THE COLOR OF BLOOD By Brian Moore Dutton. 182 pp. $16.95
BRIAN MOORE'S new novel begins, literally, with a bang: a man and a woman try to assassinate the cardinal primate of an Eastern European country. The man and the cardinal's driver are killed, but the woman gets away. And Cardinal Stefan Bem quickly learns that he can no longer trust, or even identify, his friends.
Bem is taken into "protective custody," apparently by the security police known derisively as "raincoats." He tries to escape, but cannot be certain who his pursuers are or the real reason for his detention. Even a fellow priest, a friend since their days together in Rome, seems to know a bit too much.
On the run, in disguise, the cardinal finds he must deal with terrorists, possible intriguers in the church hierarchy, and a union leader not unlike Lech Walesa. Nor can he forget that the would-be assassin may try again.
Moore's subject, in part, is the plight of a churchman wandering (sometimes literally so) in a perplexing moral and political landscape -- the cardinal's red is bright plumage in the grayness of a totalitarian state. But Moore is also a terrific storyteller, and his new book is, above all, a lean, subtle suspense tale.
Most of Moore's novels (this is his 16th) share certain qualities: an anxiousness about faith and reason, particularly among the Catholics he knows so well; a kind of sadness at lost innocence and the passing of traditions; a detached, sometimes bemused horror at clashes between old and new. The novels also share a great narrative gift and language so delicate that you wonder afterward how he's been able to tell you so much, so well.
Bem, in flight, encounters increasingly alien surroundings: "The station seemed deserted. The arrivals board was blank. . ." Physical details become sinister characteristics: "Sparse blond hair rose like an aureole around the back of his pink skull" or "His spectacles were old-fashioned, with heavy black frames and lenses behind which his eyes seemed large, floating and vague."
The Color of Blood is set in a place that seems very much like modern Poland. But it is also a place of the imagination, where secret meetings are held in VD wards, gypsies live by the river,and church and state are inhabited by people who defy easy categories. For Francis Urban, the prime minister (whose name is, of course, that of the pope who condemned Galileo), "there was no difference between the nation and the State. It was not the national good, but the preservation of the State, that he served." Yet Urban and Bem, who were Jesuit school classmates, form an alliance of convenience.
The cardinal, either cloistered away or moving anonymously in the countryside, is baffled by what the world has become. He understands that he must oppose the regime, yet must not push so hard as to anger the regime's real master, the Soviet Union. Most of all, he understands his allegiance to his vows: "He had been a fifteen-year-old schoolboy when the first Soviet tanks arrived in the streets of the capital, driving the Germans back, block by razed block. While other boys of his generation regretted that they had been too young to fight, he had felt cheated of the honor of suffering imprisonment and abuse in Christ's name.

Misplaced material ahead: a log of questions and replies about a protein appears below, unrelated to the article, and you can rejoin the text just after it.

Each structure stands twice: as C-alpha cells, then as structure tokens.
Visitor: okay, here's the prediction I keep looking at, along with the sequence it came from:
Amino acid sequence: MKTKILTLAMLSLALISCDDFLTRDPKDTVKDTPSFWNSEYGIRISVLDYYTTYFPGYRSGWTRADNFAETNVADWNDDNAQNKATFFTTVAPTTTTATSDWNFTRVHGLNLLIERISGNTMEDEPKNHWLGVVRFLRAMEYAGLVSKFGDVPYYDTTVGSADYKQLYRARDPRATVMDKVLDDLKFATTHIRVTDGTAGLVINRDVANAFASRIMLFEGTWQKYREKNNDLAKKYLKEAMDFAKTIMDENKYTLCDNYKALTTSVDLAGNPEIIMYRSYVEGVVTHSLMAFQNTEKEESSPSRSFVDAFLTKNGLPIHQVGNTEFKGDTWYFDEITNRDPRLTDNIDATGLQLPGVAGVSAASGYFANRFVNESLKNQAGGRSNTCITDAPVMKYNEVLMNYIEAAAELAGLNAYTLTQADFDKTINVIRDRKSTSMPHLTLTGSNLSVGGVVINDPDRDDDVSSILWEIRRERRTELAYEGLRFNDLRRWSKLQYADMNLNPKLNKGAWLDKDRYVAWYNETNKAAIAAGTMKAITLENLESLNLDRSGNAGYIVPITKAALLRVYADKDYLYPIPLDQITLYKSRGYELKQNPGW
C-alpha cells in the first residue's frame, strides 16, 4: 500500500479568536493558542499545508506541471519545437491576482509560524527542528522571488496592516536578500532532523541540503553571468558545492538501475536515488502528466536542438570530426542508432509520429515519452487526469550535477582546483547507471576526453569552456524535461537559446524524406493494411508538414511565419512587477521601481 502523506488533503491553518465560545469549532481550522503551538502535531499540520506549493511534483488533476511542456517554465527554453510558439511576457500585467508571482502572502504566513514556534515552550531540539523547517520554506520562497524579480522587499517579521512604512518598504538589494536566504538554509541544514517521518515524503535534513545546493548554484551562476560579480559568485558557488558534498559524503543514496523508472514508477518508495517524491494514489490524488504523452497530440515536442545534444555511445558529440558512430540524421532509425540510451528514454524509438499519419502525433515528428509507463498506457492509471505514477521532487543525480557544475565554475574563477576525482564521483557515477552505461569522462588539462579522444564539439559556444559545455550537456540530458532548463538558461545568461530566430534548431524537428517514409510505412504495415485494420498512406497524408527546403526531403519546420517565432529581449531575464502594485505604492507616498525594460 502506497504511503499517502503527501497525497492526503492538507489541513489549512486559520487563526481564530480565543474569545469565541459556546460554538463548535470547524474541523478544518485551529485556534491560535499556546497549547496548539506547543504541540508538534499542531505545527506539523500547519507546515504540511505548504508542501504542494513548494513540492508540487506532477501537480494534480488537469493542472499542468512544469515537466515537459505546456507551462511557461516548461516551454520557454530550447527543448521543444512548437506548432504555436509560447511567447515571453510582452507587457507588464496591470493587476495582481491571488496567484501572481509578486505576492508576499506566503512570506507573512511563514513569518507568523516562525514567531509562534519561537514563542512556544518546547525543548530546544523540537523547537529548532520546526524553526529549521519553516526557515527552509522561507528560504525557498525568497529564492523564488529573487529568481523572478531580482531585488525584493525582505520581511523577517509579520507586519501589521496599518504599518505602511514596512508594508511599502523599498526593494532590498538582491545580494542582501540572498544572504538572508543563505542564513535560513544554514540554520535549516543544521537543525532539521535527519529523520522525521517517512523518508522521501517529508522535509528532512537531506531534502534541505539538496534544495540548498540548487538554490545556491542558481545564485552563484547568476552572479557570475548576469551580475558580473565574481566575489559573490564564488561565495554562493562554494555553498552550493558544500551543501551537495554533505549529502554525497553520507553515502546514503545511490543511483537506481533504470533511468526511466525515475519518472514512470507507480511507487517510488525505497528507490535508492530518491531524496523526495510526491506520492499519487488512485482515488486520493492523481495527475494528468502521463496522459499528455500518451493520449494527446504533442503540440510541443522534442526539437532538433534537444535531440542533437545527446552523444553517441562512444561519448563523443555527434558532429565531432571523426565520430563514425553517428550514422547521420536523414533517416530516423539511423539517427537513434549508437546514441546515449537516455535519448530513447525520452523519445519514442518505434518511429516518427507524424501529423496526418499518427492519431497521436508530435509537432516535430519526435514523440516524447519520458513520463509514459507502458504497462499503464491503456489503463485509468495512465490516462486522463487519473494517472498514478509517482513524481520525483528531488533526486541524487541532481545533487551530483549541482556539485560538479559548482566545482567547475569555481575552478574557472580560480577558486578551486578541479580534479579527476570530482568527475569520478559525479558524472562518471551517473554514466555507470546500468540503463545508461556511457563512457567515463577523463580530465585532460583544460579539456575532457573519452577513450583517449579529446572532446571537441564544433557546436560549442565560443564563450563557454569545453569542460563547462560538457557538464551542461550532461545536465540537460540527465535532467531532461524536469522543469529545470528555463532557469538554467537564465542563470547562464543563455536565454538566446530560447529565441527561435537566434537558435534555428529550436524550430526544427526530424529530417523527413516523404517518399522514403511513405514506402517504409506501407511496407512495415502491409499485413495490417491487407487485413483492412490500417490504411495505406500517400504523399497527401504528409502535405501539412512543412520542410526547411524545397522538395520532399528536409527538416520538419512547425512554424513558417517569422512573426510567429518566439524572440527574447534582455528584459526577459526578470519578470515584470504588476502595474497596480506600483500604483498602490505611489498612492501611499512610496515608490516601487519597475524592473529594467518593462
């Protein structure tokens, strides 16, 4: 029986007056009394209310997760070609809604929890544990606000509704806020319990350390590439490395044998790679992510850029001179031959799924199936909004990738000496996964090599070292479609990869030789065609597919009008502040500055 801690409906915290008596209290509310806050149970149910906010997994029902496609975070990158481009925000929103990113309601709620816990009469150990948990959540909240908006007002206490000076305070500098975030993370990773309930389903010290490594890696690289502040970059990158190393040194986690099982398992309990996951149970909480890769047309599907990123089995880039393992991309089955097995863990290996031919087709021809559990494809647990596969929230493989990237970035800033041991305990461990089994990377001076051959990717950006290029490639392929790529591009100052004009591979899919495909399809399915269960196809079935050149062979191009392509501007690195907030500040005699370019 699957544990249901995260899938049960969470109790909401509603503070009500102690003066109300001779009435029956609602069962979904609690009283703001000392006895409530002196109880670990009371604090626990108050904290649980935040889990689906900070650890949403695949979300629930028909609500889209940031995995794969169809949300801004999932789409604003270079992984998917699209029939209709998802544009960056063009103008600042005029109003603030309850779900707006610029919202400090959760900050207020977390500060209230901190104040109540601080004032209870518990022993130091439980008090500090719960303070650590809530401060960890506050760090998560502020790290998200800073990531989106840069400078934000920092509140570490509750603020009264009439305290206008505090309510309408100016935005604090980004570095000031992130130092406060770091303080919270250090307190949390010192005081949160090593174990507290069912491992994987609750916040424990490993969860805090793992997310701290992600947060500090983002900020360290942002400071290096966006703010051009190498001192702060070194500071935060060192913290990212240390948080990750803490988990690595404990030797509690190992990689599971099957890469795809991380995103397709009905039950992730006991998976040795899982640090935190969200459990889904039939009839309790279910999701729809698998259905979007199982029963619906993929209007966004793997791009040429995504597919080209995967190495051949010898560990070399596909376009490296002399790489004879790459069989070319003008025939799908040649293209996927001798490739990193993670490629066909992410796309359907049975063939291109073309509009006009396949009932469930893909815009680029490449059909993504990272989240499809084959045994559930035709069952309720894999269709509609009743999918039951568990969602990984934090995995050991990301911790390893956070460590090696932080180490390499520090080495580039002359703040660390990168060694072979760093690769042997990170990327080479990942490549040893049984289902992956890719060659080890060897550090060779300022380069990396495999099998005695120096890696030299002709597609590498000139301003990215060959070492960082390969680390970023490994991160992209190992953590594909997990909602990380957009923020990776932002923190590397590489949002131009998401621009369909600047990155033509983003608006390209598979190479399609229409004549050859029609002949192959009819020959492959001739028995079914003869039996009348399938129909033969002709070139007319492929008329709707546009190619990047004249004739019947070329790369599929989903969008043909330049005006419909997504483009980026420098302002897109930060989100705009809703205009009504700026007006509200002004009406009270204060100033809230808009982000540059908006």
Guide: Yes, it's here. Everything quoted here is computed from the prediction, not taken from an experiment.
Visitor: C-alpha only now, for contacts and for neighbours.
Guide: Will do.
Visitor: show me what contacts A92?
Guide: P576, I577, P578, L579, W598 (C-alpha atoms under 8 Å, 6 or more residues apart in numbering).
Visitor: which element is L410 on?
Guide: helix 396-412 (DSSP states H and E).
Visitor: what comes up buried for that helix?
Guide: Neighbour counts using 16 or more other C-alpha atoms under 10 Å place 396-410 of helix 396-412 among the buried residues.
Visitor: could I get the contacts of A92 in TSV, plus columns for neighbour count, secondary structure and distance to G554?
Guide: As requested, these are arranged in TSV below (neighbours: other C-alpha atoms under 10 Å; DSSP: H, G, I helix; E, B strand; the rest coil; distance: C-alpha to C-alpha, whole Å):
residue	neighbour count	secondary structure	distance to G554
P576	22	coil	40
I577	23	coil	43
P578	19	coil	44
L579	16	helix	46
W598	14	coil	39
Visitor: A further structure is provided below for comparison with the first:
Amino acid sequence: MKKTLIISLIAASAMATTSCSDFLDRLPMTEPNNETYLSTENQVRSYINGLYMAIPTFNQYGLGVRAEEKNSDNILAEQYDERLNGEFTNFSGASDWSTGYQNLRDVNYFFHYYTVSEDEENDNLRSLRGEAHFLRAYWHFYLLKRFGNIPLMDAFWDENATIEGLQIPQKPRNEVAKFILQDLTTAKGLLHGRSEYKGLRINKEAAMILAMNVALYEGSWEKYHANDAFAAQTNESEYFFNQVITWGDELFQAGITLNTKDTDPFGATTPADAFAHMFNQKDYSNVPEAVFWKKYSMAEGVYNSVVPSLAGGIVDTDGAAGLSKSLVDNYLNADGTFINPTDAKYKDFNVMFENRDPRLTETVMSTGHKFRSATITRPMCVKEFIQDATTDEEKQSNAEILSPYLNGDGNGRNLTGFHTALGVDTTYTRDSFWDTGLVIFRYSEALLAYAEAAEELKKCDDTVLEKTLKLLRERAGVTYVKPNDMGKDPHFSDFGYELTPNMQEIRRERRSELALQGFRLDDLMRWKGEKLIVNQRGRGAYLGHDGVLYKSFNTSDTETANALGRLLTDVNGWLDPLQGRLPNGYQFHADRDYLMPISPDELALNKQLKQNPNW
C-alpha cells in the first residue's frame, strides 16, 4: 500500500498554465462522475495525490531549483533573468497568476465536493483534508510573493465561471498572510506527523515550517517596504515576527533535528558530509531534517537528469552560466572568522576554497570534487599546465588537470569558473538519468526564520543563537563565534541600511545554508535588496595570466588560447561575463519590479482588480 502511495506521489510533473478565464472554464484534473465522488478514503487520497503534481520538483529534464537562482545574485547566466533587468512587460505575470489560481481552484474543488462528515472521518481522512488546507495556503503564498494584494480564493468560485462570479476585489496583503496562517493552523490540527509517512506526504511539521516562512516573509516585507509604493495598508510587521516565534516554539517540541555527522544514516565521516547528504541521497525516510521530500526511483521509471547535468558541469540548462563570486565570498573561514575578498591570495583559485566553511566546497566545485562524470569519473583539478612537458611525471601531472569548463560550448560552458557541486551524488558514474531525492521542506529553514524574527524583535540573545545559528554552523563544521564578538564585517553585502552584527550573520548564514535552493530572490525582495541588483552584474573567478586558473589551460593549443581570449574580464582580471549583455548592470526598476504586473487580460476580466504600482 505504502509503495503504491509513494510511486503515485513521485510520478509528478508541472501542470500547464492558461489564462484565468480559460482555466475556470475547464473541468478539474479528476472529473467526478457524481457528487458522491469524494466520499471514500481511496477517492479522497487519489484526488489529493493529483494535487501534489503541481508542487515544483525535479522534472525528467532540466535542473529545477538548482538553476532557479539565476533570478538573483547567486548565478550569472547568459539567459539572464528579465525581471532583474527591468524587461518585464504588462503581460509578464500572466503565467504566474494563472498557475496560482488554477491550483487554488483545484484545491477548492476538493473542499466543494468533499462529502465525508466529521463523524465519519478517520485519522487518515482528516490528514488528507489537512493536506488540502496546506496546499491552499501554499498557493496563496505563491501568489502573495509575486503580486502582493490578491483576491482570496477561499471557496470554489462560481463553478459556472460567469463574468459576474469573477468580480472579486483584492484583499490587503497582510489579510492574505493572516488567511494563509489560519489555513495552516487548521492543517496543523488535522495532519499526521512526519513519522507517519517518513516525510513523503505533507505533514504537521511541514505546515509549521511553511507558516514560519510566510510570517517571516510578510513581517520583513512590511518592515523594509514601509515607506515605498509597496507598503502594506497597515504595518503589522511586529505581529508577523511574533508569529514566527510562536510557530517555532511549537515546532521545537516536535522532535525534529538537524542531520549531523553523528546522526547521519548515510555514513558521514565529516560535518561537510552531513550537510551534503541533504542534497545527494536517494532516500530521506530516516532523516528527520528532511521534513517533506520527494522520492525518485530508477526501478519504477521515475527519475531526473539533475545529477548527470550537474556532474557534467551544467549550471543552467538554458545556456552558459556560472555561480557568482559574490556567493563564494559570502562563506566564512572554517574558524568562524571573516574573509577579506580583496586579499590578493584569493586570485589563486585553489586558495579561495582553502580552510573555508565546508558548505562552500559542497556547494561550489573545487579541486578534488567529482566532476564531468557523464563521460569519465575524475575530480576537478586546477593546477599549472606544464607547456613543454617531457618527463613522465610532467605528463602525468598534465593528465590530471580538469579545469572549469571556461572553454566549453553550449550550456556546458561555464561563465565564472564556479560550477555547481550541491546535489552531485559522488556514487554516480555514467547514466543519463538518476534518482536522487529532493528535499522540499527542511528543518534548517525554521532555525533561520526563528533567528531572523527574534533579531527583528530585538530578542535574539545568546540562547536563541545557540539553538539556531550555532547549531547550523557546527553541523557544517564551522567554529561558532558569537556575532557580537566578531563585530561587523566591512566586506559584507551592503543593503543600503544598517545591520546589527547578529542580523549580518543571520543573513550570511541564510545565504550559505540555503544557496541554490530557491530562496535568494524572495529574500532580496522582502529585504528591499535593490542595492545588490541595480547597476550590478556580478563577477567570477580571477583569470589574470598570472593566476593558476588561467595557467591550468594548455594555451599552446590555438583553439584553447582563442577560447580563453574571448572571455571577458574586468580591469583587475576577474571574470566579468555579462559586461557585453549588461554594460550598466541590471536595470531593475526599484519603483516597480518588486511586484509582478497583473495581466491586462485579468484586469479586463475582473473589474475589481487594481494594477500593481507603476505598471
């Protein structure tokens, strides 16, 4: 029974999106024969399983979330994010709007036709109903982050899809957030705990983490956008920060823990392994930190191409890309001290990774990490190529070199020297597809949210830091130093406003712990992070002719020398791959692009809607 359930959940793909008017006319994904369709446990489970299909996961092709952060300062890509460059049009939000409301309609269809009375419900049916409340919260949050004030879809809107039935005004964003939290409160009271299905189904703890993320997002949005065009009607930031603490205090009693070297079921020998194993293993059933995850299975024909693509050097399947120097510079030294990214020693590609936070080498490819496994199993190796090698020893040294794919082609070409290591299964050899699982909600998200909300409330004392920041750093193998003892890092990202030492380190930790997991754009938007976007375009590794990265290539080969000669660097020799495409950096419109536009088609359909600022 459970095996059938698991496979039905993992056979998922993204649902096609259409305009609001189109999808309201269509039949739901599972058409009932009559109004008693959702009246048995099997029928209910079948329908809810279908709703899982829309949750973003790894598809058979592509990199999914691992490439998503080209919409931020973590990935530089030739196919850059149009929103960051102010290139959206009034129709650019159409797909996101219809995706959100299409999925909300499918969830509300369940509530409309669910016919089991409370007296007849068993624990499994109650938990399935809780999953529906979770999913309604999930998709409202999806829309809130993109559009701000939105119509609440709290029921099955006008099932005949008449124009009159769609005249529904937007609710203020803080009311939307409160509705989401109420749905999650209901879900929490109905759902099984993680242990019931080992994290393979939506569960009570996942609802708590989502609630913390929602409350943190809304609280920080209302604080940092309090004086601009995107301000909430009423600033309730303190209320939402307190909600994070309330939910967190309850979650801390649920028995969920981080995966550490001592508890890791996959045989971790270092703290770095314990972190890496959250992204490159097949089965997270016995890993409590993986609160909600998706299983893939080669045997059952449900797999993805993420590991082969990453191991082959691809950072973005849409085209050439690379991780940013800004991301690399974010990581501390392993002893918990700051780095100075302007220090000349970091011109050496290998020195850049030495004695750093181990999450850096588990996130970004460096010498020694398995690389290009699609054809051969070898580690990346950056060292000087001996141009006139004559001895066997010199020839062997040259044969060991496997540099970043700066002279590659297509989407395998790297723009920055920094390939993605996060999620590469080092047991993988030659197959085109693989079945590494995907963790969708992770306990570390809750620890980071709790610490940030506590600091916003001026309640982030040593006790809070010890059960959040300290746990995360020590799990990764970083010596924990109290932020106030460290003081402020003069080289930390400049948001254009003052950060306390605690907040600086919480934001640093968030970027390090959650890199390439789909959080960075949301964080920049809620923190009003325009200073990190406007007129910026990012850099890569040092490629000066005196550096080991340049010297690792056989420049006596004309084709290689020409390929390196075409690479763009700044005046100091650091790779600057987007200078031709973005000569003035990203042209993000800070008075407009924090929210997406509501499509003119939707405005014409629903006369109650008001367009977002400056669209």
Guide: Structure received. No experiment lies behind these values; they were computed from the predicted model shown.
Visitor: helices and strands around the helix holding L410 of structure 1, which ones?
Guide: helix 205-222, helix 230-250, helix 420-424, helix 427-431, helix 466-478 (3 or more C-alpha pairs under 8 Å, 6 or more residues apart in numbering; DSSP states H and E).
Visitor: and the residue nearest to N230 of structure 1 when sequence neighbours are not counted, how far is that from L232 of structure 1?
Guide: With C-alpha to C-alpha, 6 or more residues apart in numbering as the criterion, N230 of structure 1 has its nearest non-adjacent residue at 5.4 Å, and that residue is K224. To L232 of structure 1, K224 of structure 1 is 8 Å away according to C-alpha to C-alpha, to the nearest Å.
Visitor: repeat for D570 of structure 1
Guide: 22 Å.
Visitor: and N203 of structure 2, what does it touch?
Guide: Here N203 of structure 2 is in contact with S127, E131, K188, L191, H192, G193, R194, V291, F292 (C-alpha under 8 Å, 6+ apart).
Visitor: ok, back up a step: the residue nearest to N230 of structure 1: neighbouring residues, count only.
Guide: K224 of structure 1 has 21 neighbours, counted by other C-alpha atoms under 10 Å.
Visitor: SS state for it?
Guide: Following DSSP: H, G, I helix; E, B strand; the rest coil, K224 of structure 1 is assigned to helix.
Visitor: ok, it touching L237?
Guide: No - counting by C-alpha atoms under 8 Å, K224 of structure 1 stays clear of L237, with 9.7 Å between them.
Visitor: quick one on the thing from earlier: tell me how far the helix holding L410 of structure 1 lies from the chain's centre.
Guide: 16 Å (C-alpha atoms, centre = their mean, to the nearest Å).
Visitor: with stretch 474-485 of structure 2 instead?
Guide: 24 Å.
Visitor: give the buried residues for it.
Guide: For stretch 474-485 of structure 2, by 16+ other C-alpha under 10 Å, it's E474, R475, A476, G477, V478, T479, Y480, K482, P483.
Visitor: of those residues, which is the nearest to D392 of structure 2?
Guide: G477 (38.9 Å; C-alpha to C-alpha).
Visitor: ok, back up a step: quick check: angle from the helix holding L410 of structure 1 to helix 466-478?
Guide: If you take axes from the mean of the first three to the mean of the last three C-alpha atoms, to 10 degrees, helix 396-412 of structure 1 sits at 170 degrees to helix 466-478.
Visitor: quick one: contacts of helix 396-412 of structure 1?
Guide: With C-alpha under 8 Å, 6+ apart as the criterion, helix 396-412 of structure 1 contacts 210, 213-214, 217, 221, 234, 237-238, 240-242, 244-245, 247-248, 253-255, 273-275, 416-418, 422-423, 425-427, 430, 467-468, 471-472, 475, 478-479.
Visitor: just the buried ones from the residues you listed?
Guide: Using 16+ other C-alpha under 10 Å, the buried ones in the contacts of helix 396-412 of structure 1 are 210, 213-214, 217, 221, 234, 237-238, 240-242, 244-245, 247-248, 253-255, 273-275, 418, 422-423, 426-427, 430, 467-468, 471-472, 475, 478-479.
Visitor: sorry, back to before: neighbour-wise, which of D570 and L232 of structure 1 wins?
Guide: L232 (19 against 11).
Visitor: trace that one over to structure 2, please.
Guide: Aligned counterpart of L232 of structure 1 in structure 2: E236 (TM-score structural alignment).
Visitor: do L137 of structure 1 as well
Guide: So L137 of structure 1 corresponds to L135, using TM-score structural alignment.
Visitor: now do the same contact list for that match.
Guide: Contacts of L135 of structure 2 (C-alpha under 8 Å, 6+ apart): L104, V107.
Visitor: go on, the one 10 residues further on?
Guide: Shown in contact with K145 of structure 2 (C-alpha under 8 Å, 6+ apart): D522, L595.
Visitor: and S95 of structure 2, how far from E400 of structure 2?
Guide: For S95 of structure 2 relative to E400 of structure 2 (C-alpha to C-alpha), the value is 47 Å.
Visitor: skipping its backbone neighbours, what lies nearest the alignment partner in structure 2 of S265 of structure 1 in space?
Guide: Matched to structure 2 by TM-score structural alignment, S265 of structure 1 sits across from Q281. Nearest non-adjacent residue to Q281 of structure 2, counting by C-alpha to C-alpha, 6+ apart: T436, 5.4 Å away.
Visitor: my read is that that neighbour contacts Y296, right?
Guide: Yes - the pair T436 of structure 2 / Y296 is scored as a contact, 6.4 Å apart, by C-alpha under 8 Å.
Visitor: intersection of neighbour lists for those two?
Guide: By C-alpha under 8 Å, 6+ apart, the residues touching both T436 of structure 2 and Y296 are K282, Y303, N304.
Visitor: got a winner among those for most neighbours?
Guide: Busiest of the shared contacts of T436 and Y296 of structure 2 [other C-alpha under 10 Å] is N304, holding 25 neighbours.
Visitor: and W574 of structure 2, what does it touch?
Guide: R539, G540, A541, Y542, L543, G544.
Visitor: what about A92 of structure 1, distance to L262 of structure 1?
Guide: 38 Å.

Bem is a cautious, moral man, absorbed by self-doubt. He senses that the sash he wears, the color of blood, is also the color of modern times, where the violence of the state may be a kind of check against chaos, where patriotism and fanaticism are confused and where suspicion is a way of life. Moore skillfully brings this world alive, complete with twists and moral dilemmas. "I wonder," Bem says at one point. "Are we filling the churches because we love God more than before? Or do we do it out of nostalgia for the past, or, worse, to defy the government? Because if we do . . . then God is mocked."
Brian Moore has always seemed ready to take on any subject. In Catholics (in some ways a prologue to The Color of Blood), a sweet ambivalence settles about the protagonists as papal authority is pitted against adherents of the Latin Mass and other out-of-favor rituals. The Great Victorian Collection has a Canadian history professor literally dreaming into existence a grouping of fabulous antiques in the parking lot of a California motel. The perplexing Cold Heaven examines the plight of a widow whose husband may have returned from the dead.
By such comparisons, The Color of Blood could be judged "lesser" Brian Moore. His fiction, which has brilliantly explored adultery, the supernatural, obsession, guilt and (as in Black Robe) the lives of Jesuits in the 17th-century Canadian wilds, is more conventional here.
But like Graham Greene's "entertainments," and very few others of the political-thriller genre, Moore's new novel does more than it seems to at first glance. It is a book that quietly envelops you and, with rarely a false step, brings you to a conclusion that is startling and just right. As it follows the cardinal on his chilling journey, it also casts a larger light on the secrets of ambition, belief and the doubts of the soul.
Jeffrey A. Frank is a novelist and an editor in the Style section of The Washington Post.